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The Impossibility of Religious Freedom
Winnifred Fallers Sullivan

Book Description | Table of Contents
Introduction [HTML] or [PDF format]

ENDORSEMENTS:

"This is a remarkably fine work that discusses the way religion is perceived and dealt with in the United States. The subject is of great moment not only in America but also in the world at large, and Sullivan has treated it with considerable analytical skill and ethnographic detail. The result is a powerful and convincing argument."--Talal Asad, City University of New York Graduate Center

"Provocative. Engaging. Valuable. Sullivan has created a kind of analytical triptych that captures some of the most important features of religions and law in the United States. It is a finely crafted portrait of an incredibly suggestive trial, a meditation on the political/legal status of folk religions in the United States, and a theoretical intervention into contemporary studies of religion jurisprudence."--Jason Bivins, North Carolina State University.

"The Impossibility of Religious Freedom is an astonishing book. Winnifred Sullivan once again demonstrates her flair for extracting a big lesson from a seemingly small event--in this book, a controversy over the allowable style of grave markers in a public cemetery in Boca Raton, Florida. To the town, the issue was the ease of mowing the cemetery and making it look tidy; for the survivors of the dead buried in the cemetery the issue was the appropriate expression of religious faith. This case looks like a simple church-state controversy, but Sullivan (an expert witness in the case) deftly explains why the federal court and the First Amendment really cannot cope with the issues involved. Separating church and state requires defining what religion is. The devil here is in the definition. Sullivan offers an important challenge to the easy assumptions to the current propensity of federal courts to accommodate religion. What is religion anyway? Read this fascinating story to see how challenging that question is."--Stanley N. Katz, Princeton University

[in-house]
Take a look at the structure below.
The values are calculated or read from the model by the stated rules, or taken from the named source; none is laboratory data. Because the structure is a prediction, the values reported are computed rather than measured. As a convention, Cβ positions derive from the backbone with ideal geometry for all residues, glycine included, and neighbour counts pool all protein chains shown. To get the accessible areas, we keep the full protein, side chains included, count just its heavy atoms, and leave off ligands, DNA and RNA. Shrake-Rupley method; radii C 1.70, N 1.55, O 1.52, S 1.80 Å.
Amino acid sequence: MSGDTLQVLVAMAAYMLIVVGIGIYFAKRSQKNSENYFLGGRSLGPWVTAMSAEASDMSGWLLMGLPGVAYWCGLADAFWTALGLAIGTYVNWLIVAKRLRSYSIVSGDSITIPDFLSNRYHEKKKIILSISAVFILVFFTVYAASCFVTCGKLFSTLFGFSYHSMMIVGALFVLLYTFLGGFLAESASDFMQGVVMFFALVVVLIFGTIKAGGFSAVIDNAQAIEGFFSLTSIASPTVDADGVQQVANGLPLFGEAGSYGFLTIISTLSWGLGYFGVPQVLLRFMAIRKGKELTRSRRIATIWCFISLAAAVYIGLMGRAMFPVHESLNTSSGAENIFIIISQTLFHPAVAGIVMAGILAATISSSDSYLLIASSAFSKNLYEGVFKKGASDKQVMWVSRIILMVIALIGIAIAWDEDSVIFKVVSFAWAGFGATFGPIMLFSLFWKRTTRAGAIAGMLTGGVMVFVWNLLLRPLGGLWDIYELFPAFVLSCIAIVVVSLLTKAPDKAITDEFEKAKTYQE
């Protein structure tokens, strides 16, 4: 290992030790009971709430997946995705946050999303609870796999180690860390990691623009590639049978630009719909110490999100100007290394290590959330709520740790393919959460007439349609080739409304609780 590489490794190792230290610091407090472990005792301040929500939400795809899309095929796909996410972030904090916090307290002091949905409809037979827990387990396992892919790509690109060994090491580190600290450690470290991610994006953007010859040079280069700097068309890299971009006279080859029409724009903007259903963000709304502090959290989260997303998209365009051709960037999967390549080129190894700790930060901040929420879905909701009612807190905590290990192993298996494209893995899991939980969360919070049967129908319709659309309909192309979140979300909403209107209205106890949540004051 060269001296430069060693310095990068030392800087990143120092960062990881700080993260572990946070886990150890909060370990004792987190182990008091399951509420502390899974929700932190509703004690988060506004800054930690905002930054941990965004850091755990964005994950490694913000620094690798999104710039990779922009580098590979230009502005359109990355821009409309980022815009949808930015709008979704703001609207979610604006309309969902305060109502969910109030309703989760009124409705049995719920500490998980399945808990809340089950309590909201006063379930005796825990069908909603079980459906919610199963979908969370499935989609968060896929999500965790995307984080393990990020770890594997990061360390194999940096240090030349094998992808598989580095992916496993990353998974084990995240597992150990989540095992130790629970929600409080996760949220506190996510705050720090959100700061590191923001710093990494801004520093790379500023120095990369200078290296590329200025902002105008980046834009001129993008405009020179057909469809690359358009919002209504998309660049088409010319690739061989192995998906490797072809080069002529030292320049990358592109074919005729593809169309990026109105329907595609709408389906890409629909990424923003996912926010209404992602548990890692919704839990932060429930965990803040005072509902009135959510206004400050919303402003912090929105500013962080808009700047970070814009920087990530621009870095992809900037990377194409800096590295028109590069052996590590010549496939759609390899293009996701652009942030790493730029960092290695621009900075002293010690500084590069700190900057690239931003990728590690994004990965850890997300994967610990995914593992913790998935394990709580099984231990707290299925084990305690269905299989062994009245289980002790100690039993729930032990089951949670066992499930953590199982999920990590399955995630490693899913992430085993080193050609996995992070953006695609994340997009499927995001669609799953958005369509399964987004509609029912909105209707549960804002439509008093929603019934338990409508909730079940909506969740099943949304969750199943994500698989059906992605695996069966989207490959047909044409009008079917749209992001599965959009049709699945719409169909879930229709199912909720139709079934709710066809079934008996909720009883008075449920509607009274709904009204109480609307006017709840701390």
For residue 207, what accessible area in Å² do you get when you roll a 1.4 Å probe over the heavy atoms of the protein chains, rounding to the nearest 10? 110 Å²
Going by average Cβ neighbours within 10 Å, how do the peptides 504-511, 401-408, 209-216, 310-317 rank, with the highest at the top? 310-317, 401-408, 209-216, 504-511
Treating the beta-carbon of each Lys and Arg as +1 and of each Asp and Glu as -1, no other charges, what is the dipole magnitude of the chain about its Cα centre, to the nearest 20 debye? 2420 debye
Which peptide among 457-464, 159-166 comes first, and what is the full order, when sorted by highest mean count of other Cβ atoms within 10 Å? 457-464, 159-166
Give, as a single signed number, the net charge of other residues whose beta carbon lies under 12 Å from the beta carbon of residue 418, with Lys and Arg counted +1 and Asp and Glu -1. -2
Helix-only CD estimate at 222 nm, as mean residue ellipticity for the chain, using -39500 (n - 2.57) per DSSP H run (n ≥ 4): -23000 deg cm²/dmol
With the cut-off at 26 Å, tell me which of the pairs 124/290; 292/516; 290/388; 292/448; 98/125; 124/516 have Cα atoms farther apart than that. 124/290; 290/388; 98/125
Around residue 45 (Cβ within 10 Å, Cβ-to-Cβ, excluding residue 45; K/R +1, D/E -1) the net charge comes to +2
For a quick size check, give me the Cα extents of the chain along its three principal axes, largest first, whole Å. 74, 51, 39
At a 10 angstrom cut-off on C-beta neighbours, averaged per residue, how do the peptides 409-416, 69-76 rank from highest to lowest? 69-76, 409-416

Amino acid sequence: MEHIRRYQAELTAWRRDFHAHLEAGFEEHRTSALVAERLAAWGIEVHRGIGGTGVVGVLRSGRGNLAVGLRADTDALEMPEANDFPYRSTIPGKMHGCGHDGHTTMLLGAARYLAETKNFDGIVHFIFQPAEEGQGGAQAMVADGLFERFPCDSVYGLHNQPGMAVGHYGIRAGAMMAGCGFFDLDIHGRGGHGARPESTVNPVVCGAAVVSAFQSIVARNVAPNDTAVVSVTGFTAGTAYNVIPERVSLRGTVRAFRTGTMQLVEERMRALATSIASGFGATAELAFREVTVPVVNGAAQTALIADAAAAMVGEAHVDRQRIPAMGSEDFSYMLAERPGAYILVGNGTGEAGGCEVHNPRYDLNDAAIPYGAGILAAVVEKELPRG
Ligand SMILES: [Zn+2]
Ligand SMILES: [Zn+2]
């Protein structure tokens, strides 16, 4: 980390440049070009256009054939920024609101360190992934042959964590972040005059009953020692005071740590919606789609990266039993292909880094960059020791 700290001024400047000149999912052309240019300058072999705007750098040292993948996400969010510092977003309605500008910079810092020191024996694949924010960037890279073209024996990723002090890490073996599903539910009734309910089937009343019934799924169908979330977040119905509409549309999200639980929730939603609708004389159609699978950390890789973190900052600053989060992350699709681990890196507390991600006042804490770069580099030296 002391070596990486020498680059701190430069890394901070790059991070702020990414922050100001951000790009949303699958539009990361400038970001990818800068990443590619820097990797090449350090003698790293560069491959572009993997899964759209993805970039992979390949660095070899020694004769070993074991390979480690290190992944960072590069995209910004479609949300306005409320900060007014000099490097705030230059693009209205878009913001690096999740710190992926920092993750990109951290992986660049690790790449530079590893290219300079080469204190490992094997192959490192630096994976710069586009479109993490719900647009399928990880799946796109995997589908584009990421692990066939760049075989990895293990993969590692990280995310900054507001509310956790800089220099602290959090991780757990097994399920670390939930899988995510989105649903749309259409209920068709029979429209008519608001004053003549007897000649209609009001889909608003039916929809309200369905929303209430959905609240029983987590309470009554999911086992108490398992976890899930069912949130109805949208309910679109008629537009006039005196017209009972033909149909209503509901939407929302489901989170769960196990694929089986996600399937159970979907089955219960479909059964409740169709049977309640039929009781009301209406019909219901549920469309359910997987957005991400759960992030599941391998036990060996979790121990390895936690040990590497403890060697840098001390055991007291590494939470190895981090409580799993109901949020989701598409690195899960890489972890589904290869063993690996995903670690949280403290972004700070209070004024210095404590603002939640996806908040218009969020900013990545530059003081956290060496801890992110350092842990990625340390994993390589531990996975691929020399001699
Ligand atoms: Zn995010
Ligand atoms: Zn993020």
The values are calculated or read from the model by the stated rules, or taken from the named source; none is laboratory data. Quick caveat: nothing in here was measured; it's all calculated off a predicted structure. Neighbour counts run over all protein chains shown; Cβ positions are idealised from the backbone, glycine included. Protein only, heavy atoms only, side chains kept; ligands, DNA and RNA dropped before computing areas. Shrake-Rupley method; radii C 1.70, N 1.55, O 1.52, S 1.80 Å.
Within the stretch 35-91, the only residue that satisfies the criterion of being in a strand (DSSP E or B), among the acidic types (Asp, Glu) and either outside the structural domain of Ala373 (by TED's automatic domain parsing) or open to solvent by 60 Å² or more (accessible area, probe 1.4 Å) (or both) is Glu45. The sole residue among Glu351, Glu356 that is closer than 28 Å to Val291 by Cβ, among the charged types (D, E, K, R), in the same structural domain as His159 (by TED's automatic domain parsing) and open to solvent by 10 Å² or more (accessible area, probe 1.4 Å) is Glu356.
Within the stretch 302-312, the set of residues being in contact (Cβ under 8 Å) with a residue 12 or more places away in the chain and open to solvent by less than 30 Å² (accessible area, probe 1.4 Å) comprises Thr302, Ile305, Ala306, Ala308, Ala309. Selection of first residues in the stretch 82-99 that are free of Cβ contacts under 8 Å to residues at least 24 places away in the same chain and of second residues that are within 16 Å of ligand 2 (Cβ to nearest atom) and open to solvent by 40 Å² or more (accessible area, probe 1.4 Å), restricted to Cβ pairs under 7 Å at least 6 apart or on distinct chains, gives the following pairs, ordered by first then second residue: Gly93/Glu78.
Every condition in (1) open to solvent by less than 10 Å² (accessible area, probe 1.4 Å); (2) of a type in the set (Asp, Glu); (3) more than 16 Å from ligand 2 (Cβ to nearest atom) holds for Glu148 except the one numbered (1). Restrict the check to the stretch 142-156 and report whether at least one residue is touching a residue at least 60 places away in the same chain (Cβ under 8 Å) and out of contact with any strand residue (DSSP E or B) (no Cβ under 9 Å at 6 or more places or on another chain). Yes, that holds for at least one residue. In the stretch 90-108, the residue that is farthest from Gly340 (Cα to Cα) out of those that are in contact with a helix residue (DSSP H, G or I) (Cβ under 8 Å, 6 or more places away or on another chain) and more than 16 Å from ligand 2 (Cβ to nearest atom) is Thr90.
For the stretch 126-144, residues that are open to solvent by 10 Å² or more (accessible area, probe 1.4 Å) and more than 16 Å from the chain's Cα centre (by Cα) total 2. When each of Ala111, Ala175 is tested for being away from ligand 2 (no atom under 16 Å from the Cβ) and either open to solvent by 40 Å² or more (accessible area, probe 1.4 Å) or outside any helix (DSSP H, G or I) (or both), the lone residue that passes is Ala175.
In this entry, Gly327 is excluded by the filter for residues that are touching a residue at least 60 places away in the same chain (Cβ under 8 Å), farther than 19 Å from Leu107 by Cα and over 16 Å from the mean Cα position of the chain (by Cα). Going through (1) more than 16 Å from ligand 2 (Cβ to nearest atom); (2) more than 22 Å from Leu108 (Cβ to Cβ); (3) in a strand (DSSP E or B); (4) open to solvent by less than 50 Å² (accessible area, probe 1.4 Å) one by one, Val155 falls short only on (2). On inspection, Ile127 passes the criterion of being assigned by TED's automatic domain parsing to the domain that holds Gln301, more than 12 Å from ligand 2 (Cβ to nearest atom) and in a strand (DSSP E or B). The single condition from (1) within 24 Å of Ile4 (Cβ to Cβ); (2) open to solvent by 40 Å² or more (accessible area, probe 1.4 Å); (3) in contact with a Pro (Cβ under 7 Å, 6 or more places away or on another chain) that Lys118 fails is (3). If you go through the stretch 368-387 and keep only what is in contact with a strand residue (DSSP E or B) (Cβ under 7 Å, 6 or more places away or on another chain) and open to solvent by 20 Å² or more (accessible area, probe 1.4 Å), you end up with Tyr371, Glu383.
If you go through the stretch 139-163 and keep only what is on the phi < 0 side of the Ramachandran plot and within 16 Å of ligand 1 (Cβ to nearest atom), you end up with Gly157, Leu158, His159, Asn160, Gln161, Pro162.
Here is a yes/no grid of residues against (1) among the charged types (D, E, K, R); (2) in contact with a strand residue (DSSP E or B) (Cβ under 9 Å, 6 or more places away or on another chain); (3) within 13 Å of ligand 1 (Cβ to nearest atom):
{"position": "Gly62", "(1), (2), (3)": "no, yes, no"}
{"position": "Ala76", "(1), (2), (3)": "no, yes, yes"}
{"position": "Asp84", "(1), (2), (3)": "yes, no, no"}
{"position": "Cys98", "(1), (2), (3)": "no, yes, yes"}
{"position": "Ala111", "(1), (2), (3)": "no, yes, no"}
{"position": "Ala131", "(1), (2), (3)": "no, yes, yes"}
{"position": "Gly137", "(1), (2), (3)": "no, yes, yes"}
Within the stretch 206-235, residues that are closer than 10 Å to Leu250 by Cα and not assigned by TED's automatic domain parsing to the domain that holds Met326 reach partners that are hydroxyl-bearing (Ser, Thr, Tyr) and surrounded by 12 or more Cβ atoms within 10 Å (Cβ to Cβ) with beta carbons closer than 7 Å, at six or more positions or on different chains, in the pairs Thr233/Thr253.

"Sullivan's exploration of unofficial religion is elegant, moving, uncompromising, and profoundly important. By examining religion literally from the ground up, it challenges all of the familiar pieties about religious liberty in America."--Philip Hamburger, author of Separation of Church and State

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File created: 4/17/2014

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